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The genus Cirrhigaleus ZBK was proposed as a monotypic genus by Tanaka (1912) for a new dogfish, C. barbifer ZBK , from Japan. Soon after, Herre (1935) described another Mandarin dogfish Phaenopogon barbulifer ZBK , also based on Japanese material. Herre had overlooked Tanaka’s description but immediately synonymised his species with C. barbifer ZBK once he realised this oversight (Herre, 1936). Cirrhigaleus ZBK was synonymised with Squalus ZBK by Garman (1913), but was reinstated as a valid genus by Bigelow & Schroeder (1948, 1957). Cirrhigaleus ZBK is distinguishable from members of the closely related genus Squalus ZBK by its extremely elongated nasal barbels, similar dorsal fins, and absence of precaudal pits.
In 1973, Merrett described another distinctive dogfish, Squalus asper ZBK , from Aldabra in the western Indian Ocean. This species differed from other Squalus ZBK species in its possession of large dorsal fins of similar size, weak or absent precaudal pits, and a very short, broad head. Thus, at this stage, the only characteristic distinguishing Cirrhigaleus ZBK and Squalus ZBK was the extremely long nasal barbels of the former species. Although Bass et al. (1976) synonymised Cirrhigaleus ZBK with Squalus ZBK , Bass (1979) and Compagno (1984) retained Squalus asper ZBK and Cirrhigaleus barbifer ZBK in their respective genera, but noted their similarity. Cladistic analysis by Shirai(1992) reassigned Squalus asper ZBK in Cirrhigaleus ZBK , based largely on the similarity of their chondrocrania. Molecular studies of the family Squalidae may be required to assess the validity of this decision.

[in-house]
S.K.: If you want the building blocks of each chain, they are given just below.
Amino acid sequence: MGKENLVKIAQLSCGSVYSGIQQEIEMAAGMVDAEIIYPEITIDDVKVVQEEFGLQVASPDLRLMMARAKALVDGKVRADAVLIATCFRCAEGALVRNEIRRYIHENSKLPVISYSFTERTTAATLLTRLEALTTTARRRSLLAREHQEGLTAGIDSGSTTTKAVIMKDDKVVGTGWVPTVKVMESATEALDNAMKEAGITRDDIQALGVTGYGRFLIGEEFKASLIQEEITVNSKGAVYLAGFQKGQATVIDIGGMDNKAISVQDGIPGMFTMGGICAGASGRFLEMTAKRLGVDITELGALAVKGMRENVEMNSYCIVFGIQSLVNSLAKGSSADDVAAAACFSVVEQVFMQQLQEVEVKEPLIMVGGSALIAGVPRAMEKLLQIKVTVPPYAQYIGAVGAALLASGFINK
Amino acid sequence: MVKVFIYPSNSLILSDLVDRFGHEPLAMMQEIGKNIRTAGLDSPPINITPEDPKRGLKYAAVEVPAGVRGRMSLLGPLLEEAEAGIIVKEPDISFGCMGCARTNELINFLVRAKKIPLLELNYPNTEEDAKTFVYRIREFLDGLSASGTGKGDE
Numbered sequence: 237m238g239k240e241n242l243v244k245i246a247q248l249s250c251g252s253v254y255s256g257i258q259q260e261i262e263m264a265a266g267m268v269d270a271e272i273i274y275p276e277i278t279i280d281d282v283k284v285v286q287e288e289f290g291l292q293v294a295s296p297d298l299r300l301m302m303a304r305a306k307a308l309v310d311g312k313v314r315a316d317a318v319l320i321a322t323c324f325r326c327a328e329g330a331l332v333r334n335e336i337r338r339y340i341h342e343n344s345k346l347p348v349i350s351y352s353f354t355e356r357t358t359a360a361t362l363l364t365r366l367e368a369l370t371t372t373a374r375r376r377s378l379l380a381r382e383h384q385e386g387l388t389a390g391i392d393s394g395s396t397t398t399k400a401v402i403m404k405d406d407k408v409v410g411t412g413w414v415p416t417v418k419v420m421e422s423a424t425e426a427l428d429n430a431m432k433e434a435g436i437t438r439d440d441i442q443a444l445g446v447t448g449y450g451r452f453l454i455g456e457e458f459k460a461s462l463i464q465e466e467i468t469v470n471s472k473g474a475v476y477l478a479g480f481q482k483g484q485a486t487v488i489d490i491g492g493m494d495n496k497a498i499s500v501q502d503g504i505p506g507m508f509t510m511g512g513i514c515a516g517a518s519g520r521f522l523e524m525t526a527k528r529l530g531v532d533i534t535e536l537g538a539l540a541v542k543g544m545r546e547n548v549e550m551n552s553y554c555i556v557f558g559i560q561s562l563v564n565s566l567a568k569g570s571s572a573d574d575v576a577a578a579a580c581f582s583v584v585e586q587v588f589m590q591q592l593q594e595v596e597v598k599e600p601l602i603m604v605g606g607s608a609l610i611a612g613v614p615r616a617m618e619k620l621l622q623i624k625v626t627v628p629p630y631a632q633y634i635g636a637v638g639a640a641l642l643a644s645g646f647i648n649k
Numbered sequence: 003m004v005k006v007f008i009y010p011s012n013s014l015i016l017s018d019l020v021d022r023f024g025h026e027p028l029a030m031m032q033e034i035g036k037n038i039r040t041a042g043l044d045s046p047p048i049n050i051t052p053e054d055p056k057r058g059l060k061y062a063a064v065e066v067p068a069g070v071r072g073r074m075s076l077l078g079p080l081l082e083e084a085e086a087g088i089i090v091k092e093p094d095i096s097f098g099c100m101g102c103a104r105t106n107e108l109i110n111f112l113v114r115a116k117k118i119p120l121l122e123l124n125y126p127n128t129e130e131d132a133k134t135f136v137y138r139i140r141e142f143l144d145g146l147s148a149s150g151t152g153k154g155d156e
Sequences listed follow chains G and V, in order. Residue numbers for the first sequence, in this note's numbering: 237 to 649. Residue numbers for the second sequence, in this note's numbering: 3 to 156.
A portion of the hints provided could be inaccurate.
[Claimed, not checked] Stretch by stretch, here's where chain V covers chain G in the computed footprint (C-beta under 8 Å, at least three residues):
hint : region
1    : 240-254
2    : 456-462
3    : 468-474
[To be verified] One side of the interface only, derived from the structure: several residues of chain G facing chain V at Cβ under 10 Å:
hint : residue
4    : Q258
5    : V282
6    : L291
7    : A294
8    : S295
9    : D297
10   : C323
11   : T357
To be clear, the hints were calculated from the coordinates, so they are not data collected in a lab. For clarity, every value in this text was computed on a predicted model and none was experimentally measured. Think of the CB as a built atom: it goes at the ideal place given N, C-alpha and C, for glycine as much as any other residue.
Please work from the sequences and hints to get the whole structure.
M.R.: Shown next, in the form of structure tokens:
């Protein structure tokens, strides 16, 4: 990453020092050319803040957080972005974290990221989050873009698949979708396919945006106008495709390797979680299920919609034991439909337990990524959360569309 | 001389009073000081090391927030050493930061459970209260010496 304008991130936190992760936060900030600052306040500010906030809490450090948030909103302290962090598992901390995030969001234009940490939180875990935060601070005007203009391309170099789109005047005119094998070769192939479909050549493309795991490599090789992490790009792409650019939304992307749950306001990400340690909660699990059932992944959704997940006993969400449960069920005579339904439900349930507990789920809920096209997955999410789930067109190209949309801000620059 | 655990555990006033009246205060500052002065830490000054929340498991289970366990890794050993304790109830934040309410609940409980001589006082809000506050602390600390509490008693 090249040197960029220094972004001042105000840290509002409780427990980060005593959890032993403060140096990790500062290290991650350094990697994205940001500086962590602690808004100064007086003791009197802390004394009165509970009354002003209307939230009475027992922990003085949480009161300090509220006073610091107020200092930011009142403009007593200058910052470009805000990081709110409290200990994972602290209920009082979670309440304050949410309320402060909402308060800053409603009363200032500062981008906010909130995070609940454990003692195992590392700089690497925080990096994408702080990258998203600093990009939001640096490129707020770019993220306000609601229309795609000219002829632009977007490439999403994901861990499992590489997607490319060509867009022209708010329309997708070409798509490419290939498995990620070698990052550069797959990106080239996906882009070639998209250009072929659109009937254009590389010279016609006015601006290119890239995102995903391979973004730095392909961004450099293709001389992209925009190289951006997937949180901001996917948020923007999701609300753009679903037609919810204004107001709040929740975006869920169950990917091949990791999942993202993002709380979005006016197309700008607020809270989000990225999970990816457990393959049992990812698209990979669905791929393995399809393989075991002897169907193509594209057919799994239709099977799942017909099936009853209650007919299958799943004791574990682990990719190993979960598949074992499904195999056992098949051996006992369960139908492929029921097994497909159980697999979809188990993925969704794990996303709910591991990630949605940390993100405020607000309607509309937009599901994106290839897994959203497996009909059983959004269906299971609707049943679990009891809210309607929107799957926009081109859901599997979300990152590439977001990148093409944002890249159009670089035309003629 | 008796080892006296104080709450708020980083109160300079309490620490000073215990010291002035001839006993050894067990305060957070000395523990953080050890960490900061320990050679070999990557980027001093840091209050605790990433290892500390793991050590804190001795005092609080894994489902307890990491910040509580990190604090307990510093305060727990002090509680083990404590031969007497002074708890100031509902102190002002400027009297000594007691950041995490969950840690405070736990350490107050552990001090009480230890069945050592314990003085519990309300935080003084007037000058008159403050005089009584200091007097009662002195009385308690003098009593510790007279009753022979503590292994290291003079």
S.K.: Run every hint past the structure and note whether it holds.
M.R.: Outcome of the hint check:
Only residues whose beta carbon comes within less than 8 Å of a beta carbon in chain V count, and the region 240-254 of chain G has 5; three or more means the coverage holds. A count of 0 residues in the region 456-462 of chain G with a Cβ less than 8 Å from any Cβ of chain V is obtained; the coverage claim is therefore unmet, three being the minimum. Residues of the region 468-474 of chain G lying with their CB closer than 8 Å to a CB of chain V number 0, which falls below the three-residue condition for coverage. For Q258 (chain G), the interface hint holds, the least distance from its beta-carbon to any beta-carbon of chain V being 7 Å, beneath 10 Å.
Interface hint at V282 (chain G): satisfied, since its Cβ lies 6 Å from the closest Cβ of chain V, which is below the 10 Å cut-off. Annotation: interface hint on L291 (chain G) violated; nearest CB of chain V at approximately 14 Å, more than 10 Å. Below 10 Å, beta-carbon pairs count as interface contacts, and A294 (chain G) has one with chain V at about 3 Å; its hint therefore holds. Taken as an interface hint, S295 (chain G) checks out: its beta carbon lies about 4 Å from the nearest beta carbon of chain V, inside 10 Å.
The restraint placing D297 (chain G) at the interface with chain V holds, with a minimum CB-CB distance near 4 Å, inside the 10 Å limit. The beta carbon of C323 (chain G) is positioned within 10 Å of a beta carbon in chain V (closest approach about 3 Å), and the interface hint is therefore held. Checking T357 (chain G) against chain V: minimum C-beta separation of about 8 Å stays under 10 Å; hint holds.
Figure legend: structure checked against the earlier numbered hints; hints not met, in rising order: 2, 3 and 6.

Cirrhigaleus barbifer ZBK is thought to have a sporadic distribution in the Indo -West Pacific, from southeastern Japan (Tanaka, 1912; Nakabo, 2002), Taiwan (Shen, 1993), Bali and Lombok in Indonesia (White et al. 2006), Torres Islands in Vanuatu (Fourmanoir & Rivaton, 1979), southeastern Australia (Bass, 1979), and New Zealand (Garrick & Paul, 1971; Paulin et al., 1989). However, recent examination of Cirrhigaleus ZBK specimens from Australia and Indonesia revealed that there are at least two clearly separable species involved. This paper provides a description of the new Cirrhigaleus ZBK species from Australia and provides a comparison with Indonesian and Japanese specimens.